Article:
More crucially, the long-term consequences of infection with SARS-CoV-2 are simply being ignored by those who imagine that pandemic control aimed at everyone’s wellbeing is an attack on their freedom – a failure, in truth, to understand that we are a community, a society, not a collection of isolated individuals.


Some are beginning to call it “long-COVID”2 and refer to the misery of “the long haulers”3. There are many aspects to this persistence of symptoms after a diagnosis of what was initially assumed to be just an acute illness. Although we lack large robust studies of the phenomenon, there is enough coherence to the current evidence to establish that long-COVID is a real phenomenon and that, for many, the burden of infection with SARS-CoV-2 does not end with discharge from hospital, with the disappearance of the virus, or with the fading of acute symptoms.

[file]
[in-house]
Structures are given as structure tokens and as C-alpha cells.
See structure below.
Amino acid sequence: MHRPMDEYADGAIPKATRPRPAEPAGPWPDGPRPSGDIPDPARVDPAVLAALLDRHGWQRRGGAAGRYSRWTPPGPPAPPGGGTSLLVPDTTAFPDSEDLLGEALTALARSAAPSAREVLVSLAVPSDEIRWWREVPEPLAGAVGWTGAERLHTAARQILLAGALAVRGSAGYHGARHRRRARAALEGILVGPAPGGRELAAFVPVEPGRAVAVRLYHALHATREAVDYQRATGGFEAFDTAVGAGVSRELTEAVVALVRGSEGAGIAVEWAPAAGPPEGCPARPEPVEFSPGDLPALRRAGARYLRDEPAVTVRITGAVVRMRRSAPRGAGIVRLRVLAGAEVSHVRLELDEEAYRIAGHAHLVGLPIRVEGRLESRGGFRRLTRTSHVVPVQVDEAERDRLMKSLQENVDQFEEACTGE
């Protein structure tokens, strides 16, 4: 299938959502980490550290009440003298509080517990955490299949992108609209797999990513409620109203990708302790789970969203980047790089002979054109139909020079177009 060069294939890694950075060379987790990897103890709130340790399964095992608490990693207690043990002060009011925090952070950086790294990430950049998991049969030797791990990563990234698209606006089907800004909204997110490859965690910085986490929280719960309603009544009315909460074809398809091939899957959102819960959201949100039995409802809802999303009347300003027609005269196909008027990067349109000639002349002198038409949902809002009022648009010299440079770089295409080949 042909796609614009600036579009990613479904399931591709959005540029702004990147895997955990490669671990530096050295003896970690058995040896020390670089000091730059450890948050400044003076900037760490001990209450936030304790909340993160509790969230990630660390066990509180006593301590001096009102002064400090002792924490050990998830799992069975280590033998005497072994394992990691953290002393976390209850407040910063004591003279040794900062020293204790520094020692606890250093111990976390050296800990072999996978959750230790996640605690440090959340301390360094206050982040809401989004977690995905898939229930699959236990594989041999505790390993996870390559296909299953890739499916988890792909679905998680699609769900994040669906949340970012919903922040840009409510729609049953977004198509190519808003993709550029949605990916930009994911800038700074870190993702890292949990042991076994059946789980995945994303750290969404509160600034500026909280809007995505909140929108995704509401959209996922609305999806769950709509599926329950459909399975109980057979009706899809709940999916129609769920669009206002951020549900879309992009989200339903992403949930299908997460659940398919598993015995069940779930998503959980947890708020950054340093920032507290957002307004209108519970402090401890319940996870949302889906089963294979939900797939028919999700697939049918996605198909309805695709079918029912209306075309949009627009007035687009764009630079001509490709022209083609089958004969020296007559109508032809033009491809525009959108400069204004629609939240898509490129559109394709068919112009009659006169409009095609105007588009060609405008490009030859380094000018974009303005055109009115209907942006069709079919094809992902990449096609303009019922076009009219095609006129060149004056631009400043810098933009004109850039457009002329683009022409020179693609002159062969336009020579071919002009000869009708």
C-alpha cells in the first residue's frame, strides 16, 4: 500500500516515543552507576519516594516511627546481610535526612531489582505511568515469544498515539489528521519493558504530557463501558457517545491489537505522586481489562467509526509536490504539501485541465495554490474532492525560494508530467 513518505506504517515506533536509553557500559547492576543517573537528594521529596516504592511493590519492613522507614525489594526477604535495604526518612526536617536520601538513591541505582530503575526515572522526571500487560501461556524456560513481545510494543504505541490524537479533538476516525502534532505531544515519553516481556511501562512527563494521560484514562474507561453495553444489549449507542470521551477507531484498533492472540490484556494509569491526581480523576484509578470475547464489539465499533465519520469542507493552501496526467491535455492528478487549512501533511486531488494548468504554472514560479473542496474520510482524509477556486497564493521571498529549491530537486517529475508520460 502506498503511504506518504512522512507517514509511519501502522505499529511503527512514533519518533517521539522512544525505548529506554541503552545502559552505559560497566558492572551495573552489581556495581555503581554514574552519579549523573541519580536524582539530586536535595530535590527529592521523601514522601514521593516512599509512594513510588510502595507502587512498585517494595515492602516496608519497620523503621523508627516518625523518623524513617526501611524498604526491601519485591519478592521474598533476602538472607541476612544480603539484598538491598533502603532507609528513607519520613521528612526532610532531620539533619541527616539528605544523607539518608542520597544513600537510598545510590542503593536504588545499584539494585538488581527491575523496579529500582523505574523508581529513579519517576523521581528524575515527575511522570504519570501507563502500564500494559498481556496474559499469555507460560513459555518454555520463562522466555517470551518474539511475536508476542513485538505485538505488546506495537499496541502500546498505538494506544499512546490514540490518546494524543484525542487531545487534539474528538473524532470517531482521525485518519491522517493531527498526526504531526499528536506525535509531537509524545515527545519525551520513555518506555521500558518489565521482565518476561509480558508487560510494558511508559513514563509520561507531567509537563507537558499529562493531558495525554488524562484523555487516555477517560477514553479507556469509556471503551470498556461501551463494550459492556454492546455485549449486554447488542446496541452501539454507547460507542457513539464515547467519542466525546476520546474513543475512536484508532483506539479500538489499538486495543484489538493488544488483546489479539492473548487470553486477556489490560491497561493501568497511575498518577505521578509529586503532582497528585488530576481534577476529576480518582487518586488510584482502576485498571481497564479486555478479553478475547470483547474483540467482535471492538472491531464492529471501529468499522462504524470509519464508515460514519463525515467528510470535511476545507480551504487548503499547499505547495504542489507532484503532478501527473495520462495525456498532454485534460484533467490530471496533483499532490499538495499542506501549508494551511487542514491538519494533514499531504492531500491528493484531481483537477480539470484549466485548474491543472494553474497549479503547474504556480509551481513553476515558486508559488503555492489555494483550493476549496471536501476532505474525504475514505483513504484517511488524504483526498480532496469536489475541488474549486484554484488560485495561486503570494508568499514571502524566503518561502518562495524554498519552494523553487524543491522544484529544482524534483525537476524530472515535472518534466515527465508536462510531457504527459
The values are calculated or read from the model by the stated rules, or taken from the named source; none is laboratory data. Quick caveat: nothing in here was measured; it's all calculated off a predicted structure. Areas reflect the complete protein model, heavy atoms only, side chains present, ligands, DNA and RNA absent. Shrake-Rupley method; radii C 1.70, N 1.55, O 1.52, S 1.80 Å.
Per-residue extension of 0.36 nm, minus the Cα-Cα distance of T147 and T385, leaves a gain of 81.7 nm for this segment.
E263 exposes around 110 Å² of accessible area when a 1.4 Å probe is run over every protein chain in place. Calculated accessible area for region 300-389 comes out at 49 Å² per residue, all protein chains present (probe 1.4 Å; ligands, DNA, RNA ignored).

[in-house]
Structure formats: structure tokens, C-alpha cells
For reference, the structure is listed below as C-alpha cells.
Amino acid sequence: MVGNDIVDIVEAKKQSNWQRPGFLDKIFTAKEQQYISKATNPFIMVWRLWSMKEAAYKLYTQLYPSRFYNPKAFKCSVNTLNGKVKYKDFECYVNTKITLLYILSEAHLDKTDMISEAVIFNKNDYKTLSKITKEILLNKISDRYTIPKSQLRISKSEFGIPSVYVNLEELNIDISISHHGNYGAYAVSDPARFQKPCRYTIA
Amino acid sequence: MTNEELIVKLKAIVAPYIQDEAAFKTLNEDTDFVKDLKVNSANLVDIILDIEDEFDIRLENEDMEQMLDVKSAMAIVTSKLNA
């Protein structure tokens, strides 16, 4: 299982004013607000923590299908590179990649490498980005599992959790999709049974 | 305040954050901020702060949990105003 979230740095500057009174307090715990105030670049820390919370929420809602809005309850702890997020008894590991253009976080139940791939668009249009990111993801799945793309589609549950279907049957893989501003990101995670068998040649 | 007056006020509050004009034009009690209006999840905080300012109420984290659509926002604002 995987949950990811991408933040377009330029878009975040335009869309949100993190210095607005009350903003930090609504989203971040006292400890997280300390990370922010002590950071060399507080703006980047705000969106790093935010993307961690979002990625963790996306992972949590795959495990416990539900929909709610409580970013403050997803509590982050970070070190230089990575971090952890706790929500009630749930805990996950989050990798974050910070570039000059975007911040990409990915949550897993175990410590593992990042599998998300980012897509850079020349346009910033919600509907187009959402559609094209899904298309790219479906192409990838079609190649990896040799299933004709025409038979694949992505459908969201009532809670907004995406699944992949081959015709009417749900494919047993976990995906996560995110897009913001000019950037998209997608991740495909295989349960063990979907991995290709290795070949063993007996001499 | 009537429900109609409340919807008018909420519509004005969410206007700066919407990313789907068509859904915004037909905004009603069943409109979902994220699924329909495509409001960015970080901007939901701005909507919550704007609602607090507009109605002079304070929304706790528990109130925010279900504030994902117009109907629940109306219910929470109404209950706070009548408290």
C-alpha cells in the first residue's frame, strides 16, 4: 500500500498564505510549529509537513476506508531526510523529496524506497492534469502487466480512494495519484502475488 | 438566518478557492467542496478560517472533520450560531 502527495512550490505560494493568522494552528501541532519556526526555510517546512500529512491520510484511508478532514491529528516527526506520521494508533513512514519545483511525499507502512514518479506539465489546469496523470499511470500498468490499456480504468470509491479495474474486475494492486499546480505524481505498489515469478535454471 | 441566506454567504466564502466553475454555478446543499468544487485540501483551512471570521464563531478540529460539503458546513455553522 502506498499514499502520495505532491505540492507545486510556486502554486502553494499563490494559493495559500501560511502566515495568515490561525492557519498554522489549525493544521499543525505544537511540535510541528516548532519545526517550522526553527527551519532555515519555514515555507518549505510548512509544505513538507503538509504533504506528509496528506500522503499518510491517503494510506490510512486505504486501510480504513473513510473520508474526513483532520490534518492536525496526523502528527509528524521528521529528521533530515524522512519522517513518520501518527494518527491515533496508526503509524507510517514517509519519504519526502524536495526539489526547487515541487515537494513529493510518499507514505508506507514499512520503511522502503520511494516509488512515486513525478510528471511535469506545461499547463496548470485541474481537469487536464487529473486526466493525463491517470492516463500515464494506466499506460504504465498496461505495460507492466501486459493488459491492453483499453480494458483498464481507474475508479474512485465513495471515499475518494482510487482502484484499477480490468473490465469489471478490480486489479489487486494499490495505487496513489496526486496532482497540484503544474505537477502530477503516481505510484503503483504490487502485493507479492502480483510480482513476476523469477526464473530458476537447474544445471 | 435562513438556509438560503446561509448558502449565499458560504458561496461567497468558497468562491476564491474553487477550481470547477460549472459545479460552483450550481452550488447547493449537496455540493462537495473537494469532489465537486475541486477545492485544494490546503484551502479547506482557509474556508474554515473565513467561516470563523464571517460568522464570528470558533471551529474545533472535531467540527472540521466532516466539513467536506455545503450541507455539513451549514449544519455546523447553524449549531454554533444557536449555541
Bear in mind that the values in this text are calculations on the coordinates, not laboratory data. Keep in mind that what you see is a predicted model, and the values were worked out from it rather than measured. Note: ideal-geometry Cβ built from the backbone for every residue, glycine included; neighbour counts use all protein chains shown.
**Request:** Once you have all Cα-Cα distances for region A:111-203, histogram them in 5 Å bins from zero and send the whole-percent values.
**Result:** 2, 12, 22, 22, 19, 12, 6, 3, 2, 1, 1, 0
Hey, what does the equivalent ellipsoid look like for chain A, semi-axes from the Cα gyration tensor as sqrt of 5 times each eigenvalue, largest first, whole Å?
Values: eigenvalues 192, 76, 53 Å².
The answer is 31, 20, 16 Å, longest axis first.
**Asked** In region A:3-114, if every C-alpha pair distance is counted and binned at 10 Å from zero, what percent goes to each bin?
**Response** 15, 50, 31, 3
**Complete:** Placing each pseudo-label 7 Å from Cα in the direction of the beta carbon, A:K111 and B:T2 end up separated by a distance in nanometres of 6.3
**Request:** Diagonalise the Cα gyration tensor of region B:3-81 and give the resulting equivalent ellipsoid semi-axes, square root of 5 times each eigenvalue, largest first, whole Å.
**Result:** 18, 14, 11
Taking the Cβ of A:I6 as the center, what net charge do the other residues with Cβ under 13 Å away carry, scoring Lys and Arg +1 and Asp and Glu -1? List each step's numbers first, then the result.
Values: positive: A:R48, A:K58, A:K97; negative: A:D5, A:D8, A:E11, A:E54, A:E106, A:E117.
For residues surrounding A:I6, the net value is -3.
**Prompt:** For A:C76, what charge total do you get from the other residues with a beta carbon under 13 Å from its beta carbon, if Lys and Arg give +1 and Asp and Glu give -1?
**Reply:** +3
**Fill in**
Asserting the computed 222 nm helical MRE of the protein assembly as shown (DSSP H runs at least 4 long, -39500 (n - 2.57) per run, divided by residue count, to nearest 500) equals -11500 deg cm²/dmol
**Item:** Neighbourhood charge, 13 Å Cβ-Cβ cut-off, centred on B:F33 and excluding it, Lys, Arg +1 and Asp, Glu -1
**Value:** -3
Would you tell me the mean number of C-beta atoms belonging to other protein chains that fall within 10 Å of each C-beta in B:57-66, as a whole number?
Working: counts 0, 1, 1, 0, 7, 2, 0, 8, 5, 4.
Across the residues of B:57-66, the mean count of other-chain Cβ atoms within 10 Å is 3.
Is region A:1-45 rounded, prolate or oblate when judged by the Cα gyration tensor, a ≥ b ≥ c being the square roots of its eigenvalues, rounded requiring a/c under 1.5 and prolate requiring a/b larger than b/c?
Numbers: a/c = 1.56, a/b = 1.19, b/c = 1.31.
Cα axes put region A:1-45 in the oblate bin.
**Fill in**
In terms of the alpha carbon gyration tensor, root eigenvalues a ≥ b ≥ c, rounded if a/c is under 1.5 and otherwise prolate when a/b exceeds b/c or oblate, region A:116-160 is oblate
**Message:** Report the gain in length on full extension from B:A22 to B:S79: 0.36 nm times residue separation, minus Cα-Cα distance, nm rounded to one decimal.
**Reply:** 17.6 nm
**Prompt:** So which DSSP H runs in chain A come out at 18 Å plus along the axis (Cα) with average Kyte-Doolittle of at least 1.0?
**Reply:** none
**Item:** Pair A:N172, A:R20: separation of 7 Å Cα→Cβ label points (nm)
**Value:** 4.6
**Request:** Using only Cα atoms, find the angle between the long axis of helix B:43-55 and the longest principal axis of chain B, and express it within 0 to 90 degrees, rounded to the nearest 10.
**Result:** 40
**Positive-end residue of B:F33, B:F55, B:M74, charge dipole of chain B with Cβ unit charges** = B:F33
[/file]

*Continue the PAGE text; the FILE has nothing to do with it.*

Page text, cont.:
Essentially, all the studies to date have no denominators. What is available are individual case-reports and collated case-reports both from clinician-scientists and from patient groups. Therefore, there is no accurate measure of prevalence of the prolonged outcomes or of specific diagnoses and no more than a general idea of the distribution of individual manifestations.

Indeed, the earliest reports were anecdotal and the product of good non-specialist reporting. For instance, in June 2020, the Washington Post described multiple long duration cases: individuals who had spent more than 60 days with serious symptoms4. In July 2020, the Guardian reported on a current study of individuals at St Vincent’s Hospital in Sydney, where 94 apparently recovered patients agreed to be involved and are undergoing tests every three months to determine whether SARS-CoV-2 is associated with any lasting effects in the immune system, blood, lung, gut, and brain5. No data are yet published but St Vincent’s head of Infectious Diseases, Associate Prof Gail Matthews, reported that, currently, one third of the study group are showing symptoms three to four months after being initially infected. Matthews also noted that, of the 10% who were admitted to hospital, “around 80%” still had some symptoms.